The Future – biofuels and new technologies

Our ongoing fleet modernisation programme – purchasing the most fuel efficient aircraft that is appropriate for our operations – is one of the most significant ways that an airline can reduce its environmental impact.

For our passenger aircraft fleet, we will have received delivery of a total of 50 Boeing 777-300ERs by 2015, and 32 Airbus A350-900s and -1000s by 2019. On the freighter side, we are expecting delivery of six Boeing 747-8Fs and eight Boeing 777-200Fs in the next few years. From now to the end of this decade, we will be taking delivery of over 90 aircraft, which, according to Airbus Industrie and the Boeing Company, will provide a combined range of fuel efficiency improvements of 17-28% compared to the aircraft these will replace.

Boeing 747-8F fuel efficiency features
  • Four ultra-high-bypass GEnx-2B engines featuring composite fan blades, lightweight composite fan casings and low emissions combustors
  • Advanced rake wing tip using composite materials to reduce weight, fuel burn and emissions
  • Both of the above: further reduce fuel consumption and fleet maintenance costs
  • Greater operational efficiencies from advanced avionic systems available on the flight deck
  • Smaller noise footprint aided by improved engine technologies, inlet acoustic treatments and aerodynamics

The reality is our industry is highly reliant on technological advancements to get us to where we need to be by 2050. While we expect to take delivery of what are still considered conventional aircraft designs, we are increasingly seeing significant changes in aircraft technology through increasingly efficient engines, improved aerodynamics, weight reduction through use of composite materials, eco design and end-of-life aircraft initiatives, onboard systems to minimise fuel burn and sustainable aviation biofuels.

We recognize the amount of research and development effort that goes into designing, testing and manufacturing a new aircraft and the significant investment and risk associated with bringing a new product to market. But this is the challenge of climate change – where a step change through radical designs and technology is imperative in meeting our climate change targets. We will work with the manufacturers and developers so that these technologies can be brought to the forefront.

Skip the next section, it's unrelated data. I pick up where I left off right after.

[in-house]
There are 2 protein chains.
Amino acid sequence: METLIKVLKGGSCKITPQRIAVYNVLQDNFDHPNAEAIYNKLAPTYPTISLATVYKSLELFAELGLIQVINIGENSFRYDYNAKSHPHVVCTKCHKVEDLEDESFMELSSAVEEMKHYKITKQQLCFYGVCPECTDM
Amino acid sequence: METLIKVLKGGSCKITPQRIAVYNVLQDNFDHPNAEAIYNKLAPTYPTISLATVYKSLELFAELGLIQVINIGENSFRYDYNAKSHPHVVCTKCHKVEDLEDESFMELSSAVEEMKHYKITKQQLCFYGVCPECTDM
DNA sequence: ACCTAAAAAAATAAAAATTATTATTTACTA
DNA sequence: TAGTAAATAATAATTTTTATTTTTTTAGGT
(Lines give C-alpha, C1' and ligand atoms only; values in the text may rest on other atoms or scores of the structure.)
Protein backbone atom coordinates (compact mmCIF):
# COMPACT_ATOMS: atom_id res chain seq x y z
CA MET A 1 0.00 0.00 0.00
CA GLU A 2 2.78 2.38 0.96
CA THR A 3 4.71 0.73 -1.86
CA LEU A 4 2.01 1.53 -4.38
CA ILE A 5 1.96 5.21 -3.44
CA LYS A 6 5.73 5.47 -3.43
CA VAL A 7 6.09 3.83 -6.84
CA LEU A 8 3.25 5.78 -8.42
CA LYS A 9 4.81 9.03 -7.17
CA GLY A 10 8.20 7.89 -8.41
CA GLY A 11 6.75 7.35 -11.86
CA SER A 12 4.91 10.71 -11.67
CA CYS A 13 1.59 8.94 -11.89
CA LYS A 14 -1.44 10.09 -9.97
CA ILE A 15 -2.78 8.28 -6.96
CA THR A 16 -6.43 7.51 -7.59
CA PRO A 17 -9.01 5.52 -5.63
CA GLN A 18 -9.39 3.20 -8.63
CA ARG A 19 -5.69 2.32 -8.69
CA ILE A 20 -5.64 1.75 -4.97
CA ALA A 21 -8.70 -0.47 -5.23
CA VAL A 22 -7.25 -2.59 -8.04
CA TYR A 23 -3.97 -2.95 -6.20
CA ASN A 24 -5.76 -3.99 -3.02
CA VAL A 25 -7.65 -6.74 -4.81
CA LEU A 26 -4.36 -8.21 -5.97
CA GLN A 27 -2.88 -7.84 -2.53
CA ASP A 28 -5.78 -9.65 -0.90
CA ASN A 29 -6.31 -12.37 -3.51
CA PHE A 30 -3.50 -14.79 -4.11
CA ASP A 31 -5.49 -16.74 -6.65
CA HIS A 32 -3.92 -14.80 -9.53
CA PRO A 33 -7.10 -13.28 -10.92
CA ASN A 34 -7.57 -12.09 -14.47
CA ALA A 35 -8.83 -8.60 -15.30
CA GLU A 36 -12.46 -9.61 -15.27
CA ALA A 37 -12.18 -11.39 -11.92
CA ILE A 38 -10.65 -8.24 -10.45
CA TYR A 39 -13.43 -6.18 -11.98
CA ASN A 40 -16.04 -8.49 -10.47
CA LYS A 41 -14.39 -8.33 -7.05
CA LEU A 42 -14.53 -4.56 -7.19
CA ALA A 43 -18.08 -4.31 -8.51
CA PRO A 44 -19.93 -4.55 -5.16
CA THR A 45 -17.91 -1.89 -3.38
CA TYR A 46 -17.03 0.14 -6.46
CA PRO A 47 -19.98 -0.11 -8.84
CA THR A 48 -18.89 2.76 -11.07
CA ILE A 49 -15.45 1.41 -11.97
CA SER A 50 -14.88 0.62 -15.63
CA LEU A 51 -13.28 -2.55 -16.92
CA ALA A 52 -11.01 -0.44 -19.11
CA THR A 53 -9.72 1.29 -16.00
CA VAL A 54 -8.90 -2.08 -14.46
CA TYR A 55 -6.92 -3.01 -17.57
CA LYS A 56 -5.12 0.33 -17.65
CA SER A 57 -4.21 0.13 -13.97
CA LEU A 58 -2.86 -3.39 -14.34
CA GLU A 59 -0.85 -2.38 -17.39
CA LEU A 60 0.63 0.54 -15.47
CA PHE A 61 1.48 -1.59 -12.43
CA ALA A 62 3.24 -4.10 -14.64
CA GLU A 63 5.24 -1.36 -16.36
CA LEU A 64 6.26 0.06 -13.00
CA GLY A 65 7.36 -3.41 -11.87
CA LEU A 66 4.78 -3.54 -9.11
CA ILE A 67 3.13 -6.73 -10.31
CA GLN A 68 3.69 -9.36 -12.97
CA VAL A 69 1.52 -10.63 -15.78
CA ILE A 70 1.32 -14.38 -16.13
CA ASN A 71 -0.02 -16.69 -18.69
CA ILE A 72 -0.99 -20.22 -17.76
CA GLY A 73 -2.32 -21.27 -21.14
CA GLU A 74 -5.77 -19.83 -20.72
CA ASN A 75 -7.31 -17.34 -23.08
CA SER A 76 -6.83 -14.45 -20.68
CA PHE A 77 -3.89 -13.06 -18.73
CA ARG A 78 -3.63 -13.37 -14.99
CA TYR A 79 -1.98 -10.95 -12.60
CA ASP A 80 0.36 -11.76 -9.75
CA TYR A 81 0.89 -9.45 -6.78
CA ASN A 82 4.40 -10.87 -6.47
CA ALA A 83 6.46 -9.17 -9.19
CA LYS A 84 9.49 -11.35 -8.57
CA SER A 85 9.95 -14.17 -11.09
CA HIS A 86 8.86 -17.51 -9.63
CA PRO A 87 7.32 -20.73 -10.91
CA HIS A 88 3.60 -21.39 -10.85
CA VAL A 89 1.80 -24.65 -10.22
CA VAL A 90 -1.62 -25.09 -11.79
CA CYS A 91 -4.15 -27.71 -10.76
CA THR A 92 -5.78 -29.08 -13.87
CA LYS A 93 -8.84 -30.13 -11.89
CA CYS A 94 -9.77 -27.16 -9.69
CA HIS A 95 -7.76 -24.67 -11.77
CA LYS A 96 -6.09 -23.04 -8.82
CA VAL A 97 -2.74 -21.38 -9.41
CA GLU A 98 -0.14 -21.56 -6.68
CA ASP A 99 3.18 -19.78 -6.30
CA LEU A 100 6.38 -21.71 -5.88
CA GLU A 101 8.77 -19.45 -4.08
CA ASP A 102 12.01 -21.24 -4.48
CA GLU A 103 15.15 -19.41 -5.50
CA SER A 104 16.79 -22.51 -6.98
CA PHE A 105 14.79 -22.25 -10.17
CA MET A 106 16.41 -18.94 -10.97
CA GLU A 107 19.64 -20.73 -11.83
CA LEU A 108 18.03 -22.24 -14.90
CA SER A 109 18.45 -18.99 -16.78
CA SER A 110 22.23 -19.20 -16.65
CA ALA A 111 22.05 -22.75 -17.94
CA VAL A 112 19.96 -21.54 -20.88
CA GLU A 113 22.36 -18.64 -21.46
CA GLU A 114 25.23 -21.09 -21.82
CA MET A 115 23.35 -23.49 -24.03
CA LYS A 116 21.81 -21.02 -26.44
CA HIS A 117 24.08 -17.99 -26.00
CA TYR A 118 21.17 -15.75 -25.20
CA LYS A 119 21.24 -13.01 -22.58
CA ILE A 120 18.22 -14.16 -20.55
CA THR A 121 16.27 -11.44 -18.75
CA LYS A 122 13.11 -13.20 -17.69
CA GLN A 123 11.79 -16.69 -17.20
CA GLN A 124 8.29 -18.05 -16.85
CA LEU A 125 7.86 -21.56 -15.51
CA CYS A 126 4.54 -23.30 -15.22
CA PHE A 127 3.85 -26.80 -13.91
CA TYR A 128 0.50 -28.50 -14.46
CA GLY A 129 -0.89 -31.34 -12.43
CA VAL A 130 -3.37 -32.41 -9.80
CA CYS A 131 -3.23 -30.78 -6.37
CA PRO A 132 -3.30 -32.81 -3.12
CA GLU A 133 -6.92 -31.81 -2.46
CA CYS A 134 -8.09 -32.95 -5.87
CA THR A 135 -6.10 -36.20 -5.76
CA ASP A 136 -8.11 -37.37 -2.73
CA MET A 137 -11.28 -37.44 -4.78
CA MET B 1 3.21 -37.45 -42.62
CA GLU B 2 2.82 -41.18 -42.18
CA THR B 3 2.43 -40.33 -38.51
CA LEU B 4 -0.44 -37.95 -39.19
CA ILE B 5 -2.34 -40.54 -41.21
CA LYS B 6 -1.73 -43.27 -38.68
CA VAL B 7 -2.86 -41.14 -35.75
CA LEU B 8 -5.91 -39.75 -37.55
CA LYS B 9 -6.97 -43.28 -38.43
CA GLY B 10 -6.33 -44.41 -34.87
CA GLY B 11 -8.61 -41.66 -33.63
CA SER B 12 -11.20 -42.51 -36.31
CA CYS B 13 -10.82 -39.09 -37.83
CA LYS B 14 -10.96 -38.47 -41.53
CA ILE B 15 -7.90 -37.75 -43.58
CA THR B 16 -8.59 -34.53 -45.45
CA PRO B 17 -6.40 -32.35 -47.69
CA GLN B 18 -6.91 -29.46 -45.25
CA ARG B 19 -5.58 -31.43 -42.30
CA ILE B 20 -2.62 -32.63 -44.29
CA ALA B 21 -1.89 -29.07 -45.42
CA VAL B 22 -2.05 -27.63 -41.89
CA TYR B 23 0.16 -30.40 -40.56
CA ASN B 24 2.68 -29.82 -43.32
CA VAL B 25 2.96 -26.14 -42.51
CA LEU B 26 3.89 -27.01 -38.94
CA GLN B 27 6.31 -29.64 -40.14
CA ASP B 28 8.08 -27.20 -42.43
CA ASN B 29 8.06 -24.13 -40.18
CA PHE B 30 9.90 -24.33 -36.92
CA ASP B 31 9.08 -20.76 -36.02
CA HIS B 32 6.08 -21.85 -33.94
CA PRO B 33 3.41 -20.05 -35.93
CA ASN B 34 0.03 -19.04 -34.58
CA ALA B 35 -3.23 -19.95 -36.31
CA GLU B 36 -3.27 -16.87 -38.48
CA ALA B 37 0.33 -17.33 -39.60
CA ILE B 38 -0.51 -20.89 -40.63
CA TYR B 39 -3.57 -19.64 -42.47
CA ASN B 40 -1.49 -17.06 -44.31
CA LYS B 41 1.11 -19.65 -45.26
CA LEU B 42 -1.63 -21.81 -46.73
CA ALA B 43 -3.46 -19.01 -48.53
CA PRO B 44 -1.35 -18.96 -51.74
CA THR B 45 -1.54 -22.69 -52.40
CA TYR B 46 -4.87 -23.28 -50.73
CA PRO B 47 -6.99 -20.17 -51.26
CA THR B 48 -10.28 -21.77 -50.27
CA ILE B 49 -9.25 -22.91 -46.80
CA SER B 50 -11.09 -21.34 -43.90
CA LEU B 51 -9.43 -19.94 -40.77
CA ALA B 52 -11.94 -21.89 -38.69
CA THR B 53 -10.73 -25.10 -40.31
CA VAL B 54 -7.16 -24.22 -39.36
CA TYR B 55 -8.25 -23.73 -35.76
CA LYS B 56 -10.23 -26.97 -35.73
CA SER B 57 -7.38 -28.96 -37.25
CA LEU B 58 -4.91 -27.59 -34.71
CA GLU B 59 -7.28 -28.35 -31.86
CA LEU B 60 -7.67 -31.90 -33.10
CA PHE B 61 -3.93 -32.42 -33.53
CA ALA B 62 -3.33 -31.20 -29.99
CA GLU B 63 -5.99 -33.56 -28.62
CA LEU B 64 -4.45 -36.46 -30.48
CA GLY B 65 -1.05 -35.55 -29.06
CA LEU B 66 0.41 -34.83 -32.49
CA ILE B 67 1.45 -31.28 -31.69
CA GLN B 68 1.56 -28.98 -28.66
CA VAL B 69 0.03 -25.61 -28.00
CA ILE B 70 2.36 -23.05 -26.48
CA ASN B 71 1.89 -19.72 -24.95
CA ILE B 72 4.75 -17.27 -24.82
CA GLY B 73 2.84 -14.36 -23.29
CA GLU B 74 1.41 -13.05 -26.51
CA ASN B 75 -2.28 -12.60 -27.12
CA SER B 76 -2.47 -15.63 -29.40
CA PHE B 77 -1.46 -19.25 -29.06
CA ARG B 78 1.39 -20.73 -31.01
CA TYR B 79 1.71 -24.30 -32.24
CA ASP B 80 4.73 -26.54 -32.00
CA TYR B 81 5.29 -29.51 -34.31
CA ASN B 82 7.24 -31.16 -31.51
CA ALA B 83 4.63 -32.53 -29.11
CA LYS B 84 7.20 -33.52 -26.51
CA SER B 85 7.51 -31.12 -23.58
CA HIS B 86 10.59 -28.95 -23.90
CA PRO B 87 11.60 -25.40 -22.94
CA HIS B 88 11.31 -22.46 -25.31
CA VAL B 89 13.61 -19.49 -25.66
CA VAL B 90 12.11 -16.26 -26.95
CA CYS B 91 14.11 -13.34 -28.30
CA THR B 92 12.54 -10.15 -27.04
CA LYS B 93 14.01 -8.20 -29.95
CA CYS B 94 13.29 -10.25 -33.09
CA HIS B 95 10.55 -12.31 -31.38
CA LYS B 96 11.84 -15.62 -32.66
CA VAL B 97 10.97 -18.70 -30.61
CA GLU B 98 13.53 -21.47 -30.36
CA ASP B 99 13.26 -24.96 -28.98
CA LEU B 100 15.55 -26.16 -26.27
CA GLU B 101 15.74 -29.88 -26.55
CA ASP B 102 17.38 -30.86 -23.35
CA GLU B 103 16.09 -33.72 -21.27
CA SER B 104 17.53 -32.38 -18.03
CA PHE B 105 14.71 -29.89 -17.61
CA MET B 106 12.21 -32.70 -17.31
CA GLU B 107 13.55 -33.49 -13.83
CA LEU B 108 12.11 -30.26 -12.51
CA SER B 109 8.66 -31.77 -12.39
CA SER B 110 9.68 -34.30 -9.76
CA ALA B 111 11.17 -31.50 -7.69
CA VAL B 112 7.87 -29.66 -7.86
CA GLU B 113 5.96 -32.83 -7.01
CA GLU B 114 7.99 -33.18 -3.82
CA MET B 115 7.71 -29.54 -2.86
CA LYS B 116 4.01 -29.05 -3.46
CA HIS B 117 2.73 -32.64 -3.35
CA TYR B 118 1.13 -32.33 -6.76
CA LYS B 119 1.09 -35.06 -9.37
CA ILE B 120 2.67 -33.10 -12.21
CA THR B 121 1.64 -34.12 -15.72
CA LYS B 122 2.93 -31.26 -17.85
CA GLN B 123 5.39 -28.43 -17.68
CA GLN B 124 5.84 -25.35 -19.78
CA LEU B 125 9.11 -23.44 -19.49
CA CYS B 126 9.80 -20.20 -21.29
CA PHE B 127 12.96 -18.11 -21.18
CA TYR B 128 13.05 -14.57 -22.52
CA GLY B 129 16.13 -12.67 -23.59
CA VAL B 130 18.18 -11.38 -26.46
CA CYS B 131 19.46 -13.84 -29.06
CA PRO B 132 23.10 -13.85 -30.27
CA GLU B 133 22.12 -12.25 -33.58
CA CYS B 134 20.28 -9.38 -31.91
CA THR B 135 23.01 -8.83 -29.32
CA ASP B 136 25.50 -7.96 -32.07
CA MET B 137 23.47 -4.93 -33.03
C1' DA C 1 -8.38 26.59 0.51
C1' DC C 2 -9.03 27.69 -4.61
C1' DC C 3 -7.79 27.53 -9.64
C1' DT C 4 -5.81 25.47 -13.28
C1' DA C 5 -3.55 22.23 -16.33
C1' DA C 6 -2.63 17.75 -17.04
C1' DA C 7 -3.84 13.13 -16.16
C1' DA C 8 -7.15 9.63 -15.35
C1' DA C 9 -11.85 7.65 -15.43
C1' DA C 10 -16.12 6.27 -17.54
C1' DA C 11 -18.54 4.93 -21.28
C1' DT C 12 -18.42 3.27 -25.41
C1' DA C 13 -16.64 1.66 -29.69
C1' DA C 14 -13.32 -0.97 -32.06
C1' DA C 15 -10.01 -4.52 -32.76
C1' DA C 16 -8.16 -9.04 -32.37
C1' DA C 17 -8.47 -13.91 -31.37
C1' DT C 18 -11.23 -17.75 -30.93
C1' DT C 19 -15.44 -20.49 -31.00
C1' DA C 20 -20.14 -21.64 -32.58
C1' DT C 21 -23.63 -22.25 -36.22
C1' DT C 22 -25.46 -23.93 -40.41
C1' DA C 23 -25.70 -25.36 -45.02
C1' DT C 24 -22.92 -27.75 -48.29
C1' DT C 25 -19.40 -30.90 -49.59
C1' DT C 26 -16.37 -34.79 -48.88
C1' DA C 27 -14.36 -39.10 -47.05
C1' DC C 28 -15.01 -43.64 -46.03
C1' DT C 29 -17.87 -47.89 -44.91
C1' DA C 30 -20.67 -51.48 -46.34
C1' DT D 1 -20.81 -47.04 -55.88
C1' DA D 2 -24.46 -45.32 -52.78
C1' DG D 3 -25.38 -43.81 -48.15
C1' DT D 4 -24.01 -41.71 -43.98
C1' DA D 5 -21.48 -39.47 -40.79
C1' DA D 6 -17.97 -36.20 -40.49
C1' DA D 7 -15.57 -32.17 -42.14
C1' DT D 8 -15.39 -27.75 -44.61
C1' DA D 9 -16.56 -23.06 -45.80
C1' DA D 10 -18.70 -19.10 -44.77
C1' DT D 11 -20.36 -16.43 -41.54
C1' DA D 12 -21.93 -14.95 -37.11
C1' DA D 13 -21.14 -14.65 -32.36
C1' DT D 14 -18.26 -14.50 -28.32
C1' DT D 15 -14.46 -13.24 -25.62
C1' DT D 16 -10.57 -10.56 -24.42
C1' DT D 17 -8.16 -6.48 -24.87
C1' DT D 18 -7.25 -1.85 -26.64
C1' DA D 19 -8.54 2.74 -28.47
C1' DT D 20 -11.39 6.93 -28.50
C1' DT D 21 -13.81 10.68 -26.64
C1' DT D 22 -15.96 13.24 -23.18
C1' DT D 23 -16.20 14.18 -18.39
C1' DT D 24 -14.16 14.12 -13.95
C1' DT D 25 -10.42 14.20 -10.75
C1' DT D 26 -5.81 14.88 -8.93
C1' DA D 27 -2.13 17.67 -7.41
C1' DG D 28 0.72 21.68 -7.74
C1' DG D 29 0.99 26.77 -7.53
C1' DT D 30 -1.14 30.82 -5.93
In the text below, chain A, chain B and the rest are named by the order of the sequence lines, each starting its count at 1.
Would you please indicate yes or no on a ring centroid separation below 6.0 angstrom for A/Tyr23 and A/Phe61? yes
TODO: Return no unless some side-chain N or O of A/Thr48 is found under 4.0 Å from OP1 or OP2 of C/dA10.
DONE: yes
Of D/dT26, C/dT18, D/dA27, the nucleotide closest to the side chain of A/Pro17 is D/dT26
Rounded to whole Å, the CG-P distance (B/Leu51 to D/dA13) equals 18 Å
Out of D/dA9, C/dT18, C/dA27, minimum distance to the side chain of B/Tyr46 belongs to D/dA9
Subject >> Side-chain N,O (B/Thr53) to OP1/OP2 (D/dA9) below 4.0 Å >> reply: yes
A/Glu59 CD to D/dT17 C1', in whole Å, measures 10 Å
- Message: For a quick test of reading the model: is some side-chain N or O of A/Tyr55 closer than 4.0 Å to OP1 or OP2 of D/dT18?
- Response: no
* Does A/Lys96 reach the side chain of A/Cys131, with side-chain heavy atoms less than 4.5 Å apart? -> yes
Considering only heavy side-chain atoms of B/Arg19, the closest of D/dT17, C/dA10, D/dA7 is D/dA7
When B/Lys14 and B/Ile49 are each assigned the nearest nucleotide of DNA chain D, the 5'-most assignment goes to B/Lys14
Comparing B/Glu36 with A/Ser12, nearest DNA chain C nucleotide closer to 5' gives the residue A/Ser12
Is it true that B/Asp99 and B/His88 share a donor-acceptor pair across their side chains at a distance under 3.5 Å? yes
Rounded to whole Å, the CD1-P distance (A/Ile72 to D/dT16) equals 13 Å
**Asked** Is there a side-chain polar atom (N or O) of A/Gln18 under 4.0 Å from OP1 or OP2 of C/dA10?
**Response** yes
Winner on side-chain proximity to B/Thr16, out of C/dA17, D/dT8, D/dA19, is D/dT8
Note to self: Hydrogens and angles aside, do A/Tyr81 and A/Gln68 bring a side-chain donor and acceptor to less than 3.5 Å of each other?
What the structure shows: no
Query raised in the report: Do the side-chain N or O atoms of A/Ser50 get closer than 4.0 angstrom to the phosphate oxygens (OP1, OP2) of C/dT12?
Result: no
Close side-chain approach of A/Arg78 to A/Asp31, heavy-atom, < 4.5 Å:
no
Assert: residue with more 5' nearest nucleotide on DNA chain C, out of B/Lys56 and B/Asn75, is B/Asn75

One such example of working together is on the issue of sustainable aviation biofuels. As a member of an industry coalition, the Sustainable Aviation Fuel Users Group (SAFUG), we are united in our desire to accelerate the commercialization of sustainable jet fuel, including subscribing to a set of sustainability criteria to ensure that these biofuels do not compete with food and drinking water supplies, biodiversity and local populations.

We are a member of the Roundtable on Sustainable Biofuels (RSB), an international initiative hosted within the Swiss Federal Institute of Technology in Lausanne (EPFL), Switzerland, along with more than 120 organisations around the world. In addition to being a certification body for sustainable biofuels, the RSB actively involves its members in the development and implementation of the RSB Global Sustainability Standard, a global standard for sustainable production, conversion and use of biomass.

Cathay Pacific is involved with the formation of SAFUG Asia, to support the development of lower carbon renewable fuels for commercial use in the region. To this end, we attended Air China’s test flight in October 2011. They have been working jointly with Boeing, Petro China, UOP and other key stakeholders to implement the first biofuel flight in China.

In 2011, we hired a dedicated Biofuels Manager and developed a sustainable aviation biofuels strategy which will drive our efforts for the next five years.

Despite advancements made on technology, we are reliant on the work of governments and regulators to ensure that we are allowed to fly the most efficient routes and operate in the most efficient manner during take-off and landing. For example, Air Navigation Service Providers (ANSPs) must work with regulators in areas such as the European Union (EU), the United States and China to increase efficiencies in the global air traffic management system, which could reduce the industry's CO2 emissions by at least 12% of its emissions, roughly around 78 million tonnes of CO2.

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